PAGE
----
Jan 11, 2020

NASA intern discovers new exoplanet

Photo: Ethan Miller/Getty Images

A 17-year-old intern at NASA's Goddard Space Flight Center discovered a new exoplanet orbiting two stars, NASA announced this week.

Why it matters: This planet, dubbed "TOI 1338 b" is located in a system 1,300 light-years away from Earth, and it is the first world orbiting two stars that's been seen by NASA's recently launched Transiting Exoplanet Survey Satellite (TESS).

Background: TESS launched in April 2018 aboard a SpaceX Falcon 9 rocket. SpaceX is Elon Musk's private space company, which holds billions of dollars in contracts with NASA as well as other companies.

Go deeper: Watch NASA's video detailing TOI 1338 b discovery

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SpaceX test paves the way for first crewed flights to space station

A SpaceX Falcon 9 rocket launching with a Crew Dragon atop. Photo: NASA TV/SpaceX

SpaceX completed a major test on Sunday, paving the way for the company's first crewed launch to the International Space Station. According to founder Elon Musk, SpaceX could launch its first astronauts for NASA by the second quarter of this year.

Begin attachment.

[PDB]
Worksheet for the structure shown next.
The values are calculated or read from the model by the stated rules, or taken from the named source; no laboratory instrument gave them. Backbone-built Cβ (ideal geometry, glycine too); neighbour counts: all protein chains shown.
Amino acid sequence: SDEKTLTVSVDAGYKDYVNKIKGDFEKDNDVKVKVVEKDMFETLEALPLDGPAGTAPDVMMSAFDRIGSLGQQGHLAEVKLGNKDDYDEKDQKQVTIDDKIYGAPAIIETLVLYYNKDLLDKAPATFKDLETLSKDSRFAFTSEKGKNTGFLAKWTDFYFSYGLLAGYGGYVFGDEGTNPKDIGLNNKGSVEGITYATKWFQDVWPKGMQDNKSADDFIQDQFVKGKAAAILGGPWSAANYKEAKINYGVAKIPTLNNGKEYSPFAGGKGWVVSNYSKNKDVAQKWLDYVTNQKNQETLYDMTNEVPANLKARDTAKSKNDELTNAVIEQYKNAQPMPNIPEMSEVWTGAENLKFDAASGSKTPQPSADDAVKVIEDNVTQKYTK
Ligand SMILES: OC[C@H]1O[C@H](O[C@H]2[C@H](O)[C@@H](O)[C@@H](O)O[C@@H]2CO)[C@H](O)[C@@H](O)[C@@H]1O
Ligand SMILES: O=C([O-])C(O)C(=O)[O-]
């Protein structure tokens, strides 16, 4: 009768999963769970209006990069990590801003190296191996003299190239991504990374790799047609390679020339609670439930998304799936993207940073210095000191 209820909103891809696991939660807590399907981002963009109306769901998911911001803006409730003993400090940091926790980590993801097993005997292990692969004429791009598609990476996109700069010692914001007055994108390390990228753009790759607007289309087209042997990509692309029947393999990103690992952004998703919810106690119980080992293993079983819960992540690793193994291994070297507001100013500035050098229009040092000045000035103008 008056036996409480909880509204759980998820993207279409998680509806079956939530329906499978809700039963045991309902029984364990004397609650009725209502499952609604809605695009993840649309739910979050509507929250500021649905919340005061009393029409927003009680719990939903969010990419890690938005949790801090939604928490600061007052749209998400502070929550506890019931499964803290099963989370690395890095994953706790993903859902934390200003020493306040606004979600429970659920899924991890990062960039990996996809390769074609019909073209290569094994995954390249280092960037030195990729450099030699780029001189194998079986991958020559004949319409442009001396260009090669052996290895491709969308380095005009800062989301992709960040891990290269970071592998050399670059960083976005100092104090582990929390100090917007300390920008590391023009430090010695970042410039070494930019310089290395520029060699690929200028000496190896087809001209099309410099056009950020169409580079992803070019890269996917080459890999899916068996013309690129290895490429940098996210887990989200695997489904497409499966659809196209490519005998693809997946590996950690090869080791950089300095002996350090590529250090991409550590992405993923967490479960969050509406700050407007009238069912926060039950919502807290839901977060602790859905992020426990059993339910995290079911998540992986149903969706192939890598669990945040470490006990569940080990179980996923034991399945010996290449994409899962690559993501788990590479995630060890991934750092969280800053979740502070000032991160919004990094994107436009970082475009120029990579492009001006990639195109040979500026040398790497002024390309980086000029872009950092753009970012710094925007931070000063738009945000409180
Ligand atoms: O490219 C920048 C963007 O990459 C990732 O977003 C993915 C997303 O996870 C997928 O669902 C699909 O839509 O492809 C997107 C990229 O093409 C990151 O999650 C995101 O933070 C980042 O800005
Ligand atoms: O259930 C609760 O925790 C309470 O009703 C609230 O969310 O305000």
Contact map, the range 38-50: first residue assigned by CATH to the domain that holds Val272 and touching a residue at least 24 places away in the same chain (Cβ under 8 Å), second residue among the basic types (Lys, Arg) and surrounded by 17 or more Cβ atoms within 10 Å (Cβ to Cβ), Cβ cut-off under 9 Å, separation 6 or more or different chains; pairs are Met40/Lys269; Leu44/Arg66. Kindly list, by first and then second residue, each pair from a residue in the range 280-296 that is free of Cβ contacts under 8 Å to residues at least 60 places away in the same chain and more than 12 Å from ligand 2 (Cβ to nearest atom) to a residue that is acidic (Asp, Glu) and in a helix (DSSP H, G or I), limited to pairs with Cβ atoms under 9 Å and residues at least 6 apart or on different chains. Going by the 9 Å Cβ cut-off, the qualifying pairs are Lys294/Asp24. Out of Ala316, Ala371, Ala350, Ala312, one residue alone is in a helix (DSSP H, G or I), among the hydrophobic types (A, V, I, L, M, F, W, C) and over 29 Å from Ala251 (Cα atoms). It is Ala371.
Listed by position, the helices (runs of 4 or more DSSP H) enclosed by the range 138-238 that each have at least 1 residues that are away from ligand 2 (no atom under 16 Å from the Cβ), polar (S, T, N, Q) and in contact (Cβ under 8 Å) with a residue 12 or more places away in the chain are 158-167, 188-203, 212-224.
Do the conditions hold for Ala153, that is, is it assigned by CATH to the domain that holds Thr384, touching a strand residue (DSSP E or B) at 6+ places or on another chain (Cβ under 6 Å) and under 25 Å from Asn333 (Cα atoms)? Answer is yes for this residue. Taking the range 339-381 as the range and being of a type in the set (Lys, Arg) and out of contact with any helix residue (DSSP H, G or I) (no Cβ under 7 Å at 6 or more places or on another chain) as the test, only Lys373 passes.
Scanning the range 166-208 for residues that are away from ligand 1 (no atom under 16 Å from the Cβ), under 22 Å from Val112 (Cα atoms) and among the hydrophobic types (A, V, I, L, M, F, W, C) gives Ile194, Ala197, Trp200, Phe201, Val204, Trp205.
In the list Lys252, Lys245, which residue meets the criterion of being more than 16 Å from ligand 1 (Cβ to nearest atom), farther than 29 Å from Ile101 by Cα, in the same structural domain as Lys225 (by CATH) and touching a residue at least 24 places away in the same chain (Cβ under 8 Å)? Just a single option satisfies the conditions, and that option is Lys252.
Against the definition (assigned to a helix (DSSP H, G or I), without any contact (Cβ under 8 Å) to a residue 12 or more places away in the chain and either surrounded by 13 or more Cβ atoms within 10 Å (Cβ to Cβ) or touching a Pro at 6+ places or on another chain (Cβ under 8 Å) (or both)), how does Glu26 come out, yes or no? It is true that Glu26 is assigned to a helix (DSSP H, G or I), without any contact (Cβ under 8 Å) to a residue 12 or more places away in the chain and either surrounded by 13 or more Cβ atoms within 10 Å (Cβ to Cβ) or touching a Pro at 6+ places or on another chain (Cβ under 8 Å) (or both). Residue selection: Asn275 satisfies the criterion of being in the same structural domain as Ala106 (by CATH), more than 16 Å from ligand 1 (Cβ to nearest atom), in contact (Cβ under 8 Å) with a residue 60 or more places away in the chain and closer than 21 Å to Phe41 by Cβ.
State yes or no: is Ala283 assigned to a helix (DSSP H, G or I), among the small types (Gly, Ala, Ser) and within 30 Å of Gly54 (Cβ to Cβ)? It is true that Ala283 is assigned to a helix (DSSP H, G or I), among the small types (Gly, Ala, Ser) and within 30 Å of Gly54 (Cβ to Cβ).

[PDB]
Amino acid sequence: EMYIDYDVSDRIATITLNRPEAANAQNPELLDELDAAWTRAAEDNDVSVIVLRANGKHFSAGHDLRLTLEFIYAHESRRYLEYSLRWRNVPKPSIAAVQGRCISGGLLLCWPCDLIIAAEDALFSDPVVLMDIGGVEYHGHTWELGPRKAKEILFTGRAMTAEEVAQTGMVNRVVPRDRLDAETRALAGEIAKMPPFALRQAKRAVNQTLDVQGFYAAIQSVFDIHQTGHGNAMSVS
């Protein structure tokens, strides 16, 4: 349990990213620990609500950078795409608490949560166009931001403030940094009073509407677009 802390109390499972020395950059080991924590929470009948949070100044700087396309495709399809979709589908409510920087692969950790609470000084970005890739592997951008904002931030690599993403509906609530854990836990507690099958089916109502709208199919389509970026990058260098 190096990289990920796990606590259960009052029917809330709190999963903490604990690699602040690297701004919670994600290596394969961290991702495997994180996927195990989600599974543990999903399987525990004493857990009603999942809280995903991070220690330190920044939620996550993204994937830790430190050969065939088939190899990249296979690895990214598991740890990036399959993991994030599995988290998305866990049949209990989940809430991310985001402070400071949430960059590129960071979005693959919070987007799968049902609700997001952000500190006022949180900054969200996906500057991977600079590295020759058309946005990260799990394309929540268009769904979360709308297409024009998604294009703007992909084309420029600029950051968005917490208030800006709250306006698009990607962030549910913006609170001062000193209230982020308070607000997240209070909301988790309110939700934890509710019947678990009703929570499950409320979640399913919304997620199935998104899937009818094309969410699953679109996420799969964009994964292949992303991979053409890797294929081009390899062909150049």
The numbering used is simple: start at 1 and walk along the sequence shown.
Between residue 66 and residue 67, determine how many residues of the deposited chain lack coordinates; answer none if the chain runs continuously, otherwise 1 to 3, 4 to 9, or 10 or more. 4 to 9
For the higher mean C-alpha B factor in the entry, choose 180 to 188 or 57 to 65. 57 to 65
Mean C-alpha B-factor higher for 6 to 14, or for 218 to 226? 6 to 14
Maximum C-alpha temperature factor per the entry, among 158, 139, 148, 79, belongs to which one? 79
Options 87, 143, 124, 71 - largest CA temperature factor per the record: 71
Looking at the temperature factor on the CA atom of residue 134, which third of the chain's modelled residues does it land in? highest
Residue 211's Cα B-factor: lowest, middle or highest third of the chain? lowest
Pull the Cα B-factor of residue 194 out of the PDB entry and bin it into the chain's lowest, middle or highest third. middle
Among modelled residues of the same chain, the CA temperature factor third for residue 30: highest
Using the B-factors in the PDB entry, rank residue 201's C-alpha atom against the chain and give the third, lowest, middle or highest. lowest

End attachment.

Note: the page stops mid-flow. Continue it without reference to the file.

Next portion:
Why it matters: NASA holds contracts with SpaceX and Boeing to fly astronauts to the station, returning crewed launches to the U.S. for the first time since the end of the space shuttle program in 2011.

Go deeperArrowJan 21, 2020

Saying goodbye to the Spitzer Space Telescope

The Tarantula Nebula as seen by the Spitzer Space Telescope. Photo: NASA/JPL-Caltech

On Thursday, NASA will shut down the Spitzer Space Telescope, ending a mission that transformed how we understand the invisible machinations of the universe.

Why it matters: While the telescope is still able to function today, NASA made the decision to shut it down, saying $14 million per year is too high a cost for its diminishing science return as the observatory will likely be inoperable soon.

Go deeperArrowJan 28, 2020

The next great observatories

"The Pillars of Creation." Photo: NASA/ESA/STScI/AURA

Four groups of competing astronomers and astrophysicists have teamed up to present a grand vision for NASA as the community grapples with what the agency's science program should prioritize.

Driving the news: Billed the "New Great Observatories," the teams behind the Lynx, LUVOIR, HabEx and Origins missions are advocating that NASA commit to building all four of these expensive, large space telescopes.

Go deeperArrowJan 14, 2020